Commodores drop home opener, will start 2006 at Michigan Peers make Paterno coach of year for record 5th time
Published: Wednesday, January 11, 2006 at 6:01 a.m.
Last Modified: Wednesday, January 11, 2006 at 12:00 a.m.
NASHVILLE, Tenn. - Vanderbilt canceled its Sept. 2 home opener on Tuesday for a deal to start the 2006 season at Michigan in a game to be televised on ESPN.
It will be the lone regular-season game between teams from the Southeastern Conference and Big Ten, and it will be Vanderbilt's first season opener on ESPN since playing Alabama in 1997.
Vanderbilt dropped its scheduled home opener against Middle Tennessee, which has won three straight against the Commodores in Nashville. School officials said they hope to reschedule the game in an upcoming season.
The Commodores will start the season with two road games. But they couldn't pass up the chance for national television exposure, especially in a deal that includes ESPN appearances in 2007 for the football and women's basketball teams.
But it won't be an easy task for coach Bobby Johnson, who will be breaking in a new quarterback following the departure of SEC player of the year Jay Cutler. The Commodores went 5-6 in 2005, while Michigan was 7-5.
Michigan and Vanderbilt first played in 1905. The Wolverines lead the series 9-0-1, including a 42-14 victory in the most recent meeting in 1969.
UGA has scheduled Louisville (2011 and 2012), Western Carolina (2009), Georgia Southern (2008) and Appalachian State (2007) as future non-conference opponents, athletic director Damon Evans announced Tuesday.
All-American linebacker Paul Posluszny will bypass the NFL draft and return to Penn State for his senior year.
Posluszny, winner of the Butkus Award as the country's top linebacker, partially tore two ligaments in his right knee late in the fourth quarter of the Nittany Lions' 26-23 triple overtime win over Florida State in the Orange Bowl last week.
Former star Zachary Abron was charged Tuesday with felony possession of marijuana.
The 25-year-old Abron, once the school's career rushing leader and now playing in Europe, was being held on $25,000 bond.
Penn State's Joe Paterno was named coach of the year by the American Football Coaches Association on Tuesday, marking the record fifth time his peers have chosen him for their highest annual honor.
Although Paterno has received other top coaching prizes lately, he was surprised by this one because the voting closed Monday, after Mack Brown led Texas to the national championship with a victory over Southern California in the Rose Bowl.
"I think Mack Brown deserves to be up here to be honest with you," Paterno said upon receiving the plaque. "But you know, at 79, I figure this is my last shot. Mack's still a young guy."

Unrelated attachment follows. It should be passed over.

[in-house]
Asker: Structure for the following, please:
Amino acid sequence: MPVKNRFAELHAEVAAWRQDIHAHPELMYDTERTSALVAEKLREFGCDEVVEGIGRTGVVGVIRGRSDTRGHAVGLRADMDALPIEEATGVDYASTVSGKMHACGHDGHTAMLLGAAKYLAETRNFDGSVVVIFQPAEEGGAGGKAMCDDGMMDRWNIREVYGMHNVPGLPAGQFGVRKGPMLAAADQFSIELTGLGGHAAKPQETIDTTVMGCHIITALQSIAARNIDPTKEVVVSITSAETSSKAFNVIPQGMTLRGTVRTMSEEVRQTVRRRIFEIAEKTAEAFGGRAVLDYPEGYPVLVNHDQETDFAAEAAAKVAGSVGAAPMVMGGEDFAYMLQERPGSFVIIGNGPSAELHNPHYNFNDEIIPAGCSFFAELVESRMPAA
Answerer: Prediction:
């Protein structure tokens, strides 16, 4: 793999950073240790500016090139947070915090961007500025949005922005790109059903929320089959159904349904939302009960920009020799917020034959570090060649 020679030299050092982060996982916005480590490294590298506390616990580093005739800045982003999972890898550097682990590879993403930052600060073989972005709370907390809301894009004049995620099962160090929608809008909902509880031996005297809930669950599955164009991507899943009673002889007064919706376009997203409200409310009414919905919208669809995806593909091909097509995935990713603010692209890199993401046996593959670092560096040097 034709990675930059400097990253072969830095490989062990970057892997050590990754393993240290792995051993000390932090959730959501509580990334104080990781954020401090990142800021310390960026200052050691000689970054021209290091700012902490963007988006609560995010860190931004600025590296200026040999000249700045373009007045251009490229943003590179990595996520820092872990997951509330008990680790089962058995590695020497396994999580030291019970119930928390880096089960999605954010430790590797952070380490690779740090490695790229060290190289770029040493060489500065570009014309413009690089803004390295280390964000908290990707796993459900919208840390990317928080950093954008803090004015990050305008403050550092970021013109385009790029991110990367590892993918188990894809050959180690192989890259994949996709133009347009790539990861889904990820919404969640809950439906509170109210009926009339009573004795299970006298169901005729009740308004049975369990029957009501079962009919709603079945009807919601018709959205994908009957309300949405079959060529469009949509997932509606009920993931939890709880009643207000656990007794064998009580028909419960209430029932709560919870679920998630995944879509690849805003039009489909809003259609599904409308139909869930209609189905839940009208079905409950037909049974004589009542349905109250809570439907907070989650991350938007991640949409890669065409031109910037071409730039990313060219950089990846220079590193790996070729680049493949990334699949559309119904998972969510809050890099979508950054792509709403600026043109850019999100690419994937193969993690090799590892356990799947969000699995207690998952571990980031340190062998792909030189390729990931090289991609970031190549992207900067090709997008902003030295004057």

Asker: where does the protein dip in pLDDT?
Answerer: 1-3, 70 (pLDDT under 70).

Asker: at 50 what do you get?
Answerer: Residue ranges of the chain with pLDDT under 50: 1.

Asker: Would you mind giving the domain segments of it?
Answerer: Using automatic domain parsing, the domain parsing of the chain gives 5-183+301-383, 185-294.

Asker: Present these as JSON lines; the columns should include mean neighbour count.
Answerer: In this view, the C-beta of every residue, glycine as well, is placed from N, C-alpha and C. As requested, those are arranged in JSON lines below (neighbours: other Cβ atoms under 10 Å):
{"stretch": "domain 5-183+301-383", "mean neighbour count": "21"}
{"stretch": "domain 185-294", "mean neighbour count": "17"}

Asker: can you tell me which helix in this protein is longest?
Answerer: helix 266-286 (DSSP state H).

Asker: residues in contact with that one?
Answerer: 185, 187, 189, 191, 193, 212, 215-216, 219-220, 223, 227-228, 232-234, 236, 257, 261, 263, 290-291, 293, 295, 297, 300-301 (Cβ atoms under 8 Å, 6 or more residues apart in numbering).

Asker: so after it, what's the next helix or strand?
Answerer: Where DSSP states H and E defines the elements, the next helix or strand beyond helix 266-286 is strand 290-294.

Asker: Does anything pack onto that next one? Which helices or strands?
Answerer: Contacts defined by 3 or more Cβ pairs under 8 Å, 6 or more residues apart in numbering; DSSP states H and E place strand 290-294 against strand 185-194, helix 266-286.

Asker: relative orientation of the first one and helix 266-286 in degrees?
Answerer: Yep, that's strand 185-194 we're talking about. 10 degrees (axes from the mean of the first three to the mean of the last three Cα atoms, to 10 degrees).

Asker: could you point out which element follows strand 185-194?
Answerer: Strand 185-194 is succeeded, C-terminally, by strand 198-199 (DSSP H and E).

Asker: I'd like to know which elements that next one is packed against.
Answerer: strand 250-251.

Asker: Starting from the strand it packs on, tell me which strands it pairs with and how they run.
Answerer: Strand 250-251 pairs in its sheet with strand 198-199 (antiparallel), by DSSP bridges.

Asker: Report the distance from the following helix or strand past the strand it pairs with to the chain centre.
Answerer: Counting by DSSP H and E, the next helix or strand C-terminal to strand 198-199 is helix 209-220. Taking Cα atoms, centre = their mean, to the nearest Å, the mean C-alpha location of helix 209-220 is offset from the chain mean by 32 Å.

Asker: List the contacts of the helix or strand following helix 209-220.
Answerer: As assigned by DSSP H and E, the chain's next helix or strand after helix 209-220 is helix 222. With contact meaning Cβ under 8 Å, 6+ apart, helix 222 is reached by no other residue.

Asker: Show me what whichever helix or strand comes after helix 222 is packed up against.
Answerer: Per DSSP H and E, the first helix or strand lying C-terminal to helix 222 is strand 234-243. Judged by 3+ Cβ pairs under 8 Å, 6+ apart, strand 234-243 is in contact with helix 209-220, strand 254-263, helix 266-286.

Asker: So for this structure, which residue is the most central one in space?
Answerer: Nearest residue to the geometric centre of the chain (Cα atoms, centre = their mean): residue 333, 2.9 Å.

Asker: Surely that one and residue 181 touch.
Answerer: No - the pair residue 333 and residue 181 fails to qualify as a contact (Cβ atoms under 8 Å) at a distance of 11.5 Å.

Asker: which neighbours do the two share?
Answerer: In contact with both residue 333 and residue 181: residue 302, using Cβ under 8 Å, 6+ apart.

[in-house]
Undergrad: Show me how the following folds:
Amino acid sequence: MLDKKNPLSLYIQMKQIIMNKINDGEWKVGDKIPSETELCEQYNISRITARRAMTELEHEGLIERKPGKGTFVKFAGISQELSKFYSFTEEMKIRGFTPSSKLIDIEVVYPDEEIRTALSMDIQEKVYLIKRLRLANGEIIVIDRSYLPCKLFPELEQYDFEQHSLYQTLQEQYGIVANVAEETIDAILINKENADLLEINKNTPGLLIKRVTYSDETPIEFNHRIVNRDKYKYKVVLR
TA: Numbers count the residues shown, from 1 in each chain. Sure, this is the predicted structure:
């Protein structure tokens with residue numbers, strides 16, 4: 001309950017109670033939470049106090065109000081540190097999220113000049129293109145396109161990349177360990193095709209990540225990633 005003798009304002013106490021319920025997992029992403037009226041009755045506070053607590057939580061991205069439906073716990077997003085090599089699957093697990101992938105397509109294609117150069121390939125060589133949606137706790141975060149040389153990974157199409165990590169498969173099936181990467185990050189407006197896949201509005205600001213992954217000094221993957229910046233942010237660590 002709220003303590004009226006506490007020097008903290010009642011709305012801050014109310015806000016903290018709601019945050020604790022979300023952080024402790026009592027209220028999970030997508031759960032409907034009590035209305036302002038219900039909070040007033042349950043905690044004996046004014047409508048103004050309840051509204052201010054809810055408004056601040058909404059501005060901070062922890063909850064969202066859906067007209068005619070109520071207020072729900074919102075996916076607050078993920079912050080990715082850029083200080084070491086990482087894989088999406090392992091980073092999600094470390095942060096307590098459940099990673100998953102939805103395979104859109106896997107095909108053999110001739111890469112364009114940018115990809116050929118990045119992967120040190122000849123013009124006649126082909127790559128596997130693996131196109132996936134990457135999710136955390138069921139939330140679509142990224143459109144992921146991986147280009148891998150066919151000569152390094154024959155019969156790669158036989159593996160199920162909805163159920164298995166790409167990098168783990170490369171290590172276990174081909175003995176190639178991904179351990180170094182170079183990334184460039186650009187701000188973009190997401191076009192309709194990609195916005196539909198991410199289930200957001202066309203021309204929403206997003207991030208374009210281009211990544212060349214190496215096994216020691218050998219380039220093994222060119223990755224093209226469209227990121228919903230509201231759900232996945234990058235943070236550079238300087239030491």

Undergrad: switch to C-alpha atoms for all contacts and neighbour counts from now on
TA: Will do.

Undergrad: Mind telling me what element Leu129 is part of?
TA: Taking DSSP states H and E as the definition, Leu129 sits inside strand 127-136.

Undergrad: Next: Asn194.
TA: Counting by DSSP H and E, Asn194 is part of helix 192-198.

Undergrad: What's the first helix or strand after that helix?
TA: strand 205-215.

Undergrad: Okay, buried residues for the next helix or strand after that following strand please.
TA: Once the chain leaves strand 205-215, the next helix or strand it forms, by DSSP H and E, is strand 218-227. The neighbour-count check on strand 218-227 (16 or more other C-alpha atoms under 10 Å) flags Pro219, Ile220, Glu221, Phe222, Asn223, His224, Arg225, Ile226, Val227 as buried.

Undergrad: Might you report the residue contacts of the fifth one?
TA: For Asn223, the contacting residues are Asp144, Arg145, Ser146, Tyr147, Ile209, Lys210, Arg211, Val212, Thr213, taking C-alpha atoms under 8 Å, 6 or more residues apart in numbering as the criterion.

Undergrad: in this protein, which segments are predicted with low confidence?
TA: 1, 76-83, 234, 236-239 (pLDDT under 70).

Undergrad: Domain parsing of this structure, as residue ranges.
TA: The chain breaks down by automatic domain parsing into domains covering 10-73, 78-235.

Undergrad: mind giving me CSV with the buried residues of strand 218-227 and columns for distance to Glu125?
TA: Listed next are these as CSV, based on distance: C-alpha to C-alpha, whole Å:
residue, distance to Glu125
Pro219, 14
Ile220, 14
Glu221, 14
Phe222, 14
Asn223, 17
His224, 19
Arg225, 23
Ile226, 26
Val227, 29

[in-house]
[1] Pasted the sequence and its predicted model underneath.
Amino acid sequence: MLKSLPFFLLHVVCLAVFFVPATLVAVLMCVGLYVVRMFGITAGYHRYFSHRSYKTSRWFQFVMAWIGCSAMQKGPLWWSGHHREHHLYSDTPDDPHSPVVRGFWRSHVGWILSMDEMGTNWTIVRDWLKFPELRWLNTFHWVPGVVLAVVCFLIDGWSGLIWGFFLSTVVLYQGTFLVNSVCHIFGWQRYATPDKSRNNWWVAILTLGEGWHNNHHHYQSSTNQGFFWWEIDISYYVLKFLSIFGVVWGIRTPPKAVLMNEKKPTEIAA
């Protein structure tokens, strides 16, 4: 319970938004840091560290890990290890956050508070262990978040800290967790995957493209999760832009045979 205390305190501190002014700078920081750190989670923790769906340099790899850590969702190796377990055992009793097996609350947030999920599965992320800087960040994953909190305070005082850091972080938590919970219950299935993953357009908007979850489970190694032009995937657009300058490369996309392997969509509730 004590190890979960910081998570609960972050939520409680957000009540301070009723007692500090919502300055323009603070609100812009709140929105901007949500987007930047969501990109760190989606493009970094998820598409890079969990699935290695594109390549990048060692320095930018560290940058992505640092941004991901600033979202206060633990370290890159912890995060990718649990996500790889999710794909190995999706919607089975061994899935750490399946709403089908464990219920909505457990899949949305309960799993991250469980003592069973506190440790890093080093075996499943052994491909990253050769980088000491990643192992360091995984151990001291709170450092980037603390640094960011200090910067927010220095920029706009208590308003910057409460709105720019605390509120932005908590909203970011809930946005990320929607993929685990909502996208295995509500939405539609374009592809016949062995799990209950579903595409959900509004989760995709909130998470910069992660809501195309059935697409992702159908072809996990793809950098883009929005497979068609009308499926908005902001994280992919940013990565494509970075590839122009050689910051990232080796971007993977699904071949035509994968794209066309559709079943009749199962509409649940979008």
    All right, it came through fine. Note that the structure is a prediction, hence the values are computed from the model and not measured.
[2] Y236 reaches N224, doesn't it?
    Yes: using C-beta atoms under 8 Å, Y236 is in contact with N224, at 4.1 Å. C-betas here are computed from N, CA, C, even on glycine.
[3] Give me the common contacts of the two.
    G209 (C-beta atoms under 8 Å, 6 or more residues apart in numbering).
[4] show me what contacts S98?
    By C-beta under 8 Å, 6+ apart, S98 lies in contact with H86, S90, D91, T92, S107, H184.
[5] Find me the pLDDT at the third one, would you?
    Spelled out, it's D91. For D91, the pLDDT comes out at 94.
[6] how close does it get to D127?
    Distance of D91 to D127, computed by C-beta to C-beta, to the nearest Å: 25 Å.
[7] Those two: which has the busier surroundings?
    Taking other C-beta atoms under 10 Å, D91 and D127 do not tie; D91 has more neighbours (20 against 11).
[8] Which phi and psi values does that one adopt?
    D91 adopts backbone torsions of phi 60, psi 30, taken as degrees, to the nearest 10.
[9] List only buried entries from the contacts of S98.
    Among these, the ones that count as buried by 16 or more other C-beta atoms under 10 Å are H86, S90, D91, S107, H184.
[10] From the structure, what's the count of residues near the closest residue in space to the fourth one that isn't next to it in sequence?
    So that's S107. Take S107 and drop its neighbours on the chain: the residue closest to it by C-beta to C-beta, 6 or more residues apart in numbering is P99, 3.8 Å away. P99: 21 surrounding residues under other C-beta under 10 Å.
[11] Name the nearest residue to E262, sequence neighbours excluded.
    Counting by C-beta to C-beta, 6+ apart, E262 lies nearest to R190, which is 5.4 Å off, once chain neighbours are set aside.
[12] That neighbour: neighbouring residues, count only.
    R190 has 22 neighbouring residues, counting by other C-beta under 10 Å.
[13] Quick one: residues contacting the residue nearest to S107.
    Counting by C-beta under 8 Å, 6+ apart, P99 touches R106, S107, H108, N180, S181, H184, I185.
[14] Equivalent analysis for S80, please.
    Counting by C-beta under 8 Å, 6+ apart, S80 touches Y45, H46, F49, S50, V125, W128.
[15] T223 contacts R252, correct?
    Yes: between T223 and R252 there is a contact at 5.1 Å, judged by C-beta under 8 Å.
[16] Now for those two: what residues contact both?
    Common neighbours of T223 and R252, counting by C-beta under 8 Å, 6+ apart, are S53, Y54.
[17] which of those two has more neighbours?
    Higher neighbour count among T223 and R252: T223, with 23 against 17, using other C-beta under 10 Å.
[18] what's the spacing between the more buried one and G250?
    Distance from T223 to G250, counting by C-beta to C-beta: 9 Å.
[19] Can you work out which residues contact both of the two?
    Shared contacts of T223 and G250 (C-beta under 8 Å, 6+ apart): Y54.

After four losing seasons in the last five years, each followed by calls for his retirement, Paterno guided the Nittany Lions to an 11-1 record, including a 26-23 triple-overtime victory over Florida State in the Orange Bowl. Penn State shared the Big Ten title and finished the season ranked No. 3, its best final ranking since being second in 1994.
Paterno also was honored by the AFCA in 1968, '72, '82 and '86, making this the fourth different decade he's taken home the award, which is the oldest of its kind and the only one voted on strictly by coaches. The 19-year gap is another AFCA record.
"To win for the fifth time, you think it's old hat, but it ain't old hat," Paterno said. "I'm probably a little bit more emotional about this one than any of them because a bunch of people came together and said, 'Hey, we're sick and tired of getting the heck kicked out of us. We need to rally around and get back to where we belong.' And we ended up a pretty good football team."
Along with Brown, Paterno beat other regional winners Pete Carroll of Southern Cal, Mike Shula of Alabama and Larry Coker of Miami. AFCA executive director Grant Teaff called it one of the toughest ballots in recent years.
Part of the reason Paterno was partial to Brown - even saying, "I wish we could make this a co- thing" - was payback for a favor. He sent coaches from his staff to Austin last year to learn how the Longhorns used Vince Young in hopes of getting the most out of their run-pass quarterback, Michael Robinson.
"We came away and we were better," Paterno said. "So, Mack - thanks."
Brown was among those who voted for Paterno.
"Usually the coach of the year is the guy that overcame something," Brown said. "We didn't overcome anything. We just won a big game at the end and we hadn't been doing that. For Joe to do what he's done over the last few years and turn his program completely around is really, really special. I don't think there's any question he's deserving of this award."
The AFCA also honored Appalachian State's Jerry Moore (Division I-AA), Grand Valley State's Chuck Martin (NCAA Division II and NAIA) and Wisconsin-Whitewater's Bob Berezowitz (Division III).
Full-time assistants for all four winning coaches will received a $1,000 grant toward their education or professional development. Moore, Martin and Berezowitz are now invited to be assistant coaches at the Hula Bowl, with Paterno invited to be a head coach in the 2007 game in Honolulu.
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